Your skin is an extraordinary indicator of your health. It is capable of alerting you to various health problems such as insulin resistance. Discovering resistance early is vital as it may be able to help you avoid type 2 diabetes later on. After discovering that you have become insulin resistant, you may begin to take steps to reverse the problem.
Understanding Insulin Resistance
Insulin Resistance happens when your body’s cells stop being responsive to insulin. Whenever blood sugar levels start to rise, the pancreas begins to produce the hormone insulin which then works to bring blood sugar levels back into balance. Levels usually rise following a meal as glucose begins to join the bloodstream. Insulin then gets to work by getting your body’s cells to start picking up the glucose to use as energy. When resistance is at play, those cells start to ignore insulin and the pancreas is forced to produce more to compensate. Over time, resistance will increase and the pancreas will need to produce more and more insulin to keep up. Eventually, the pancreas will become damaged and no longer be able to keep up. At this point, glucose can become unchecked in the system and type 2 diabetes may develop. Before the diagnosis of type 2 diabetes, insulin resistance has usually been present for months or years leading up.
Your Skin Tells All
Insulin resistance may be determined through testing, however, there are several skin conditions that also tend to be reliable indicators. Research shows that as much as 91% of people living with type 2 diabetes are also affected by at least one insulin-resistant related skin condition. It’s important to keep an eye out for the following skin conditions:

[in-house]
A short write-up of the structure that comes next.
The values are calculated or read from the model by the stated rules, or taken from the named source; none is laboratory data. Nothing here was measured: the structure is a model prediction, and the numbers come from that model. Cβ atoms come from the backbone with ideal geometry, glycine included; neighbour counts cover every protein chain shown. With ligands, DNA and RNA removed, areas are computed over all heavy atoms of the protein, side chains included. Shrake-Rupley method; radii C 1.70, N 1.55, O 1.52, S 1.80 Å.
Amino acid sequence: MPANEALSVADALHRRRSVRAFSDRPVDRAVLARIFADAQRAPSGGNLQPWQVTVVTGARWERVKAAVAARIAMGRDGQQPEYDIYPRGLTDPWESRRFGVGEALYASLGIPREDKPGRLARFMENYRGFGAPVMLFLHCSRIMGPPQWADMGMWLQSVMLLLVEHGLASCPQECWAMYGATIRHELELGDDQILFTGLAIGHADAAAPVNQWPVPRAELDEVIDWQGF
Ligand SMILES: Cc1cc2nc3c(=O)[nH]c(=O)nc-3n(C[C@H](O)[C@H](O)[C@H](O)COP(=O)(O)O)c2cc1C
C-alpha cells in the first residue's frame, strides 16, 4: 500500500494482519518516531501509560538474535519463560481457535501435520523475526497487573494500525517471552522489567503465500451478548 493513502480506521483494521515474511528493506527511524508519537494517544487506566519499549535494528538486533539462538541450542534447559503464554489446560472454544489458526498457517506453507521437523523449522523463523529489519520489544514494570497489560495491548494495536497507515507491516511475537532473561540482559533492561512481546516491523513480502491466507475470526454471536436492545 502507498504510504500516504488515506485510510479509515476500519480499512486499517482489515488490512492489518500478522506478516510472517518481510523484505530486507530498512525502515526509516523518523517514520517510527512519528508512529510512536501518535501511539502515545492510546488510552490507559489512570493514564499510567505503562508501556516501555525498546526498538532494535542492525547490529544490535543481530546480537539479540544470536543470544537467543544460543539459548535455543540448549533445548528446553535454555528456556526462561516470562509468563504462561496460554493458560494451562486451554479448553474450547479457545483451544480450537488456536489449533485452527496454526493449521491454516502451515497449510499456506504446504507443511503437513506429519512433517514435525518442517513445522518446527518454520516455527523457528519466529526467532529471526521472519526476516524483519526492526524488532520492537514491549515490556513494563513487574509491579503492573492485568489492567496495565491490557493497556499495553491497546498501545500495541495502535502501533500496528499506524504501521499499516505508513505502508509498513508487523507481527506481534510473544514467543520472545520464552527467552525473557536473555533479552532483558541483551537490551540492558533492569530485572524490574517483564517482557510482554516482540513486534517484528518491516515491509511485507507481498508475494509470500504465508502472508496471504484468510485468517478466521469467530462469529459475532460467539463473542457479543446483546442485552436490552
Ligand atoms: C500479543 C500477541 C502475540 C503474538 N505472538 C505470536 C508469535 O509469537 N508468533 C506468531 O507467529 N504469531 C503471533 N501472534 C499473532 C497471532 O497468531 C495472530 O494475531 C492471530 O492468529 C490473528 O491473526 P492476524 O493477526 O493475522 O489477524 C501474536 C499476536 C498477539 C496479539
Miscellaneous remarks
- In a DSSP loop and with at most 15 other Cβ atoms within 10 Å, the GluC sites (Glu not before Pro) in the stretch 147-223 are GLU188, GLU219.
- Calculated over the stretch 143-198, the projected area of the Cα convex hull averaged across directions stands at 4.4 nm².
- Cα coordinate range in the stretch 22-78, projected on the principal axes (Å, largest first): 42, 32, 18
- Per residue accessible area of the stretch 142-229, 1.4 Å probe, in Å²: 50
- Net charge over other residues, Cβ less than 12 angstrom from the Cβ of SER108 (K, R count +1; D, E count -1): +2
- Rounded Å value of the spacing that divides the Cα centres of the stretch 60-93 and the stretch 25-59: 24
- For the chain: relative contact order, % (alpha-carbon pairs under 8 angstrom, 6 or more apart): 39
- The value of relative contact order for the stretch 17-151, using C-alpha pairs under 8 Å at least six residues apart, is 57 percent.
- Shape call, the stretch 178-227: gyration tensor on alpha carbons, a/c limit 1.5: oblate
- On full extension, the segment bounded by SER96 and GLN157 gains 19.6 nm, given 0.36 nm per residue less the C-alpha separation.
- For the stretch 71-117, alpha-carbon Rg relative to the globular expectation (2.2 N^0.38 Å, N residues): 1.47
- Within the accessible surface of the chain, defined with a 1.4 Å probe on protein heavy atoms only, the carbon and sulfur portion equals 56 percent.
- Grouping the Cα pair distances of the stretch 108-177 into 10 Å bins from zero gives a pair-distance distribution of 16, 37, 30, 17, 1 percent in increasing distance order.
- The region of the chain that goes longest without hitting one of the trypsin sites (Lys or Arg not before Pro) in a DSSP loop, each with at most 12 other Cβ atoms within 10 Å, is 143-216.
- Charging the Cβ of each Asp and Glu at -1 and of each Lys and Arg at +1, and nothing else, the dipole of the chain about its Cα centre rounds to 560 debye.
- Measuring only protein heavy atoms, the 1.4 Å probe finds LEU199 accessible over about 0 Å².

- Acanthosis Nigricans or AN: This skin condition is most commonly caused by insulin resistance. This condition presents as darker velvety skin patches or plaques. It will usually be found on the knuckles, behind the neck, around the armpit, or on the elbows.
- Skin tags: Seen as small soft skin growths, these are benign tumors that typically appear around the neck, armpit, or groin.
- Hyperandrogenism is women: The three main manifestations of this are AGA or patterned hair loss, hirsutism or male pattern hair growth, and acne. This condition is also a sign of PCOS. Interestingly, many women diagnosed with PCOS are also experiencing insulin resistance. There is some argument that insulin resistance may even be at the root of PCOS in some.
It is a good idea to talk to your doctor right away if you believe you may have any of the above skin conditions. You will want to find out if insulin resistance is the driving force behind your skin condition. If so, your doctor will be able to help you create a customized plan that aims to reverse insulin resistance. Addressing your nutrition and exercise habits may sometimes be enough to get your body back on track.
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